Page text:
“Yes! It’s not your kingdoms that would be ruined should the trade between north Chersea and the Empire is cut-off!” another monarch—the King of Galad, took the stand of the King of Calabria, “As you know very well, my kingdom is an island, and with my population, there are only a few lands we can spare for food! Please reconsider!”

The floor soon devolved into another loud mob of royals trying to convince the others to either attack the legions stationed in Amaranth or exercise caution and prudence. Maddie was once again getting stressed-out by the exchange of arguments, and she sought to silence everyone.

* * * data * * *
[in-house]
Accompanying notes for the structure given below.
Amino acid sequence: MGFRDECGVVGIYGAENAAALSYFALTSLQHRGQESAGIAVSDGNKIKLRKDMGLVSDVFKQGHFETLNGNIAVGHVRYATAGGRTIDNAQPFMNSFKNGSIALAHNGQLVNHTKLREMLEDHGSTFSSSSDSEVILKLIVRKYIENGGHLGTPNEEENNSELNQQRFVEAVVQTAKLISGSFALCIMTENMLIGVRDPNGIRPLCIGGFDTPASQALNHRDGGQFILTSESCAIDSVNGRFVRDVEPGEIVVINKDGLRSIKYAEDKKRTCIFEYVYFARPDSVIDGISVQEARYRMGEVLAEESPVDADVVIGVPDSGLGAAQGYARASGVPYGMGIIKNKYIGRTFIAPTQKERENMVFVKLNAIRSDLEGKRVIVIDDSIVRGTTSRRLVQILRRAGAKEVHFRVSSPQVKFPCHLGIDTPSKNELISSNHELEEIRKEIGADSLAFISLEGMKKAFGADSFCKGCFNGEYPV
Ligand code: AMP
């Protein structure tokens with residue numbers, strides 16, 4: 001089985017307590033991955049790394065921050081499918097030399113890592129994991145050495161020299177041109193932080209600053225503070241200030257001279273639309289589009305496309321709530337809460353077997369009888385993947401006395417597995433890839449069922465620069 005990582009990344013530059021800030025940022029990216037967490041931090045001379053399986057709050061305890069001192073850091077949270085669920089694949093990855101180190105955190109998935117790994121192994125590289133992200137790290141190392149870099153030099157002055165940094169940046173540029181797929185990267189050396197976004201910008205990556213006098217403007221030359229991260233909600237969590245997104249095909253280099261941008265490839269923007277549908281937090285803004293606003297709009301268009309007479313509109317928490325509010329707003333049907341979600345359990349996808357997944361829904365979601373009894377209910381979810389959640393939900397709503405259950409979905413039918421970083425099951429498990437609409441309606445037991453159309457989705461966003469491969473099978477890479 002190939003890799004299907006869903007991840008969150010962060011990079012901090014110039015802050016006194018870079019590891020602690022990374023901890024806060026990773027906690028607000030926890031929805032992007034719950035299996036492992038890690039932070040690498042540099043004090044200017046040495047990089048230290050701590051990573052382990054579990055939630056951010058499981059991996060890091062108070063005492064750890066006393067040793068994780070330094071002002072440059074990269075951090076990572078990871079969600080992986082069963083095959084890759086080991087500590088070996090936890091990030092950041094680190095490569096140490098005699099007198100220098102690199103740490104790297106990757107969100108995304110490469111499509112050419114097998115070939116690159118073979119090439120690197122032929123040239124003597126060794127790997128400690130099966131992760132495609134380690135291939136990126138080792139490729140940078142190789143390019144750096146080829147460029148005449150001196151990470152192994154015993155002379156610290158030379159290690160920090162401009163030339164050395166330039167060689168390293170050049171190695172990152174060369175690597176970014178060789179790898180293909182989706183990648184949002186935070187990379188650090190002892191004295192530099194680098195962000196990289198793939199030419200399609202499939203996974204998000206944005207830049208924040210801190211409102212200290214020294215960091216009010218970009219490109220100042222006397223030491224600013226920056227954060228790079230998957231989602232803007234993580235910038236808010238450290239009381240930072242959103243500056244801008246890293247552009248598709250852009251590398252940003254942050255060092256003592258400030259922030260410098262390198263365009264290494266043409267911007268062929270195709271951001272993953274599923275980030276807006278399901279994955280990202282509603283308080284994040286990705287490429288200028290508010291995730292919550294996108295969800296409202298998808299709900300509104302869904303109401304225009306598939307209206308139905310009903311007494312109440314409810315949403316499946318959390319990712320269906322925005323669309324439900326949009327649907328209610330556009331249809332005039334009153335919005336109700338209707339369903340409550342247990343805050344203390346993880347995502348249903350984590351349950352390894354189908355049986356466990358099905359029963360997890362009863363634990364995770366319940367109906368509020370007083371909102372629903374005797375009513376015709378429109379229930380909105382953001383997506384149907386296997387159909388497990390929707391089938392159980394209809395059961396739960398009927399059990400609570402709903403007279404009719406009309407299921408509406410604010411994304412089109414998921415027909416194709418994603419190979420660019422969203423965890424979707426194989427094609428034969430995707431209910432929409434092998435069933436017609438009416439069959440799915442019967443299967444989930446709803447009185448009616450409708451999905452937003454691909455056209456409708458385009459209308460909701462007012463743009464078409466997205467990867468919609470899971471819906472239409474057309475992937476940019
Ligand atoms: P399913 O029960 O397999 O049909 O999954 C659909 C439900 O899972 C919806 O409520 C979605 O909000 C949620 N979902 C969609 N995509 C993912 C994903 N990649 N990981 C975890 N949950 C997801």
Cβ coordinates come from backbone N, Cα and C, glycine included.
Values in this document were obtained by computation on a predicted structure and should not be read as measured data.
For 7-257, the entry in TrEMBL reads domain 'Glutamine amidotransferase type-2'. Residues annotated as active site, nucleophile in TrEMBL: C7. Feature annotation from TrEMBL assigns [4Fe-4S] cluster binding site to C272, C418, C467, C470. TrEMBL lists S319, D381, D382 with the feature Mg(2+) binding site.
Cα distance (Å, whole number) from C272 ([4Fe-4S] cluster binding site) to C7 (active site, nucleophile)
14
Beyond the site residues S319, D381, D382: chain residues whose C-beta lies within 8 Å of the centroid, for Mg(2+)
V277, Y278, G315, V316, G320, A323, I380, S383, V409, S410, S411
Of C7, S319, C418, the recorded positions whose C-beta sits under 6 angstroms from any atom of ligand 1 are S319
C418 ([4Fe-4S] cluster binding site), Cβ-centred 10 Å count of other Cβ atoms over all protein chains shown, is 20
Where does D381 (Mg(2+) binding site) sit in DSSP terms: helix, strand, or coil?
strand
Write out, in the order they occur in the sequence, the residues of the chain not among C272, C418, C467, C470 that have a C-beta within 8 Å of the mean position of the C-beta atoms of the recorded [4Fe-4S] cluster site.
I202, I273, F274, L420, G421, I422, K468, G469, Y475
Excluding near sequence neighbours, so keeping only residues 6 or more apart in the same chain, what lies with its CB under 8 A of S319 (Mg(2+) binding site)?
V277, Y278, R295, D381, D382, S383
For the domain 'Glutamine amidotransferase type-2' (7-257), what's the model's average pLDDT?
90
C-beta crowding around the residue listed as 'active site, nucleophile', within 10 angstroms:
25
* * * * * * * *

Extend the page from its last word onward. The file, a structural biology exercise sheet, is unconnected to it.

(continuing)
Naturally, I and the other paladins intervened.

“Your Majesties!” Maddie spoke, “While there are merits in your suggestions—both for and against war, let me point out that we have given the Empire ample time to show their respect to this institution that we all agreed upon and tried to follow. However, as your saint, I wouldn’t allow anyone, slave, commoner nor even a royal, to trample our collective wishes and goals to have a peaceful and stable Chersea for humankind!”

“Yes! That’s my point as well, Your Holiness!” King Rambo shouted.

“Please keep silent, Your Majesty,” Lily drew near and admonished her friend.

Disregarding them, Maddie continued with her speech, “I implore you, wise rulers of men, to exercise wisdom in these trying times. My proposal is that we approach this problem in two ways: one is that we’re still open for communications, should the Emperor decide to avoid the course for war, and second, we should keep our vigilance and prepare for conflict, should it come to our borders!”